The New Federal Strategic Health IT Plan

The Office of the National Coordinator for Health IT, a unit of the Department of Health and Human Services, has issued its Strategic Health IT Plan for 2015 to 2020.

The plan, developed in collaboration with more than 35 federal agencies, has five main goals:

  • Furthering the adoption of health IT
  • Improving the security and interoperability of health information exchanges
  • Strengthening healthcare delivery
  • Supporting and improving the health and wellness of individuals and communities
  • Advancing research and innovation

The last federal Strategic Health IT Plan was released in 2011. The new plan is similar to the 2011 plan, and could better be described as a position paper than as a tactical, visionary document.

The Office of the National Coordinator for Health Information Technology (ONC) has stated that the plan will act as “the broad federal strategy” for the Nationwide Interoperability Roadmap, released by ONC in draft form last June.

ONC is expected to release the final version of the roadmap in January. The roadmap is expected to detail the ways in which the federal government and the healthcare industry will implement the goals laid out in the Strategic Health IT plan.

Health Data Security Issues

ONC’s three objectives around protecting health care information, according to the new Strategic Health It Plan, are :

  • Enabling individuals, providers, and public health entities to securely send, receive, find and use electronic health information;
  • Identifying, prioritizing and advancing technical standards to support secure and interoperable health information;
  • Protecting the privacy and security of health information.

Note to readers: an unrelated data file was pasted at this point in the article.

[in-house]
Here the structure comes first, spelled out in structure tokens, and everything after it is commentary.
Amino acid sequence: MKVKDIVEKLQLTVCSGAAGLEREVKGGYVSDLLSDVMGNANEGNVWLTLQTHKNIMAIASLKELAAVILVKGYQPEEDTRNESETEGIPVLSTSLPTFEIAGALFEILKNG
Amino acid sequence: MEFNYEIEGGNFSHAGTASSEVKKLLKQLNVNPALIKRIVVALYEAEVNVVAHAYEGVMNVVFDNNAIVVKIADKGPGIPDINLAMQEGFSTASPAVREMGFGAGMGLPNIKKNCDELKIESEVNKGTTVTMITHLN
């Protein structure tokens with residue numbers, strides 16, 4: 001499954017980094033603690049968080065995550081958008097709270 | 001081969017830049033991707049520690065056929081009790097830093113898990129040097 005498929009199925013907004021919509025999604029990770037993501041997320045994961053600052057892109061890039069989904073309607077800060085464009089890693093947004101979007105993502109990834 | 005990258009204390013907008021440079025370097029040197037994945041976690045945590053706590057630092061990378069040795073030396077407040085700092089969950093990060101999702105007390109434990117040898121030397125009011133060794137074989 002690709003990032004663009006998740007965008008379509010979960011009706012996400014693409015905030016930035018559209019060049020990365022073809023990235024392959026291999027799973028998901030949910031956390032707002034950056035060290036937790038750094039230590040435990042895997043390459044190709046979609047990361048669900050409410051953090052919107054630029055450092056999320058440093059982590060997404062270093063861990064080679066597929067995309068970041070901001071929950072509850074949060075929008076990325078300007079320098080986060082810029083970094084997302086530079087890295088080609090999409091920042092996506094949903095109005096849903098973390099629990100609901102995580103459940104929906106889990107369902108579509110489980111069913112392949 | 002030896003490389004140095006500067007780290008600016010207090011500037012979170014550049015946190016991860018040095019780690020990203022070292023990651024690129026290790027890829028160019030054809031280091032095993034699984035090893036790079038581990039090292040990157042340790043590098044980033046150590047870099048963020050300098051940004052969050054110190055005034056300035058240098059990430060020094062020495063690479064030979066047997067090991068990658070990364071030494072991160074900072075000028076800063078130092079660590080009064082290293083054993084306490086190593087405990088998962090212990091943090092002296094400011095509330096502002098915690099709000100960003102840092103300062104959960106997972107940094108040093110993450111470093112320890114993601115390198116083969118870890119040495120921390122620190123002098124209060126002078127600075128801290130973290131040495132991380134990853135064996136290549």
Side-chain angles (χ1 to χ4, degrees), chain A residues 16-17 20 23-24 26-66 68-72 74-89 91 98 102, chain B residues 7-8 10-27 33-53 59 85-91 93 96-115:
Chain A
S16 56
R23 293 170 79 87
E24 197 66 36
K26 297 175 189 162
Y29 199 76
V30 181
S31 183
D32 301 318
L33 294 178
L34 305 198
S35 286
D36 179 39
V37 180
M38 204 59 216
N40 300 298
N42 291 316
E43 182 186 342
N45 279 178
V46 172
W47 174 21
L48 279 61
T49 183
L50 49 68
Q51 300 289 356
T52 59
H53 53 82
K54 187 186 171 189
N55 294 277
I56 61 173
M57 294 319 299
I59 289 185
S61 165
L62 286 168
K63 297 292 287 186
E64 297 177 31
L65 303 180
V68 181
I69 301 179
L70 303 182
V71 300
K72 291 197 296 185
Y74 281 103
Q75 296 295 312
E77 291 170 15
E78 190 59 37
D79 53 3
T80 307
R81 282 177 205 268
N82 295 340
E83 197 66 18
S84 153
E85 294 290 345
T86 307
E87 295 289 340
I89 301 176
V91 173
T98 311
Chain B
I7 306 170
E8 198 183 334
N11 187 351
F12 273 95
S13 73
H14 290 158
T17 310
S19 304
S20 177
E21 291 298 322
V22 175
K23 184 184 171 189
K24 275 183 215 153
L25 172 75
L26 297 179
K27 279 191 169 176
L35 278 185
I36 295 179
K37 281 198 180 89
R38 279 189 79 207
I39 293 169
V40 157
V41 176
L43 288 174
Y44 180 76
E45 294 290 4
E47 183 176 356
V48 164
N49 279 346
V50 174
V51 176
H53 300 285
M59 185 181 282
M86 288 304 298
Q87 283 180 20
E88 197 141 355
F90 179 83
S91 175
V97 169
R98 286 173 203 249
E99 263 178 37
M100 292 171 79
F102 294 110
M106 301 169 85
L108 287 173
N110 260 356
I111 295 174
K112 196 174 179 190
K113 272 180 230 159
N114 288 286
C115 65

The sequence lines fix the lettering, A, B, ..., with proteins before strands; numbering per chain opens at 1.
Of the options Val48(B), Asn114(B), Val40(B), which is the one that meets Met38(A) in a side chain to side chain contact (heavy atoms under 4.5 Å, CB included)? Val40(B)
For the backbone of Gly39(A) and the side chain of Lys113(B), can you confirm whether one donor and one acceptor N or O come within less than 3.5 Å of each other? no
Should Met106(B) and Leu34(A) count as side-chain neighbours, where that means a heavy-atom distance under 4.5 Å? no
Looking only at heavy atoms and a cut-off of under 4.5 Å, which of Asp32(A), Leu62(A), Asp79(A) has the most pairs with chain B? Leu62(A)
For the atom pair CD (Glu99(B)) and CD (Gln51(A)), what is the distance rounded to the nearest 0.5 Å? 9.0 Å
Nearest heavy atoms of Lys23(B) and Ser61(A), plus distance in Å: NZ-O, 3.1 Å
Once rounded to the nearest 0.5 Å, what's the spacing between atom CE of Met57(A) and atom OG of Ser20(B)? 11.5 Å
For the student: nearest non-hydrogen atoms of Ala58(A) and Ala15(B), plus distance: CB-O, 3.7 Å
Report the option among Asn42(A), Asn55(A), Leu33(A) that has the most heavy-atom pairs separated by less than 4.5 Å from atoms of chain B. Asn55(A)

As part of this process, certified EHR systems eligible for the HITECH incentive program may need to offer advanced data segmentation and encryption capabilities. The plan stresses the importance of developing standards to foster interoperability between medical devices and certified EHRs.

Additional health IT certification requirements are under review for protecting the exchange of particularly sensitive personal data, such as information regarding substance abuse treatment. The plan also speaks to the importance of authenticating information across data sources.

The plan, unsurprisingly, stresses the need to develop and implement policies and procedures to secure data from breaches, and the need to train healthcare professionals so that they can understand and adhere to these practices.

Also on ONC’s to-do list: continuing the development, administration and enforcement of federal privacy and security regulations and standards for HIPAA covered entities and business associates; as well as developing and enforcing applicable federal privacy and security requirements for entities not covered by HIPAA.

The plan also calls for the development of “a single health and public health Information Sharing and Analysis Center (ISAC) for bi-directional information sharing about cyber threats and vulnerabilities between the private healthcare industry and the federal government.” It is as yet unclear how this would affect the already-existing National Health ISAC.

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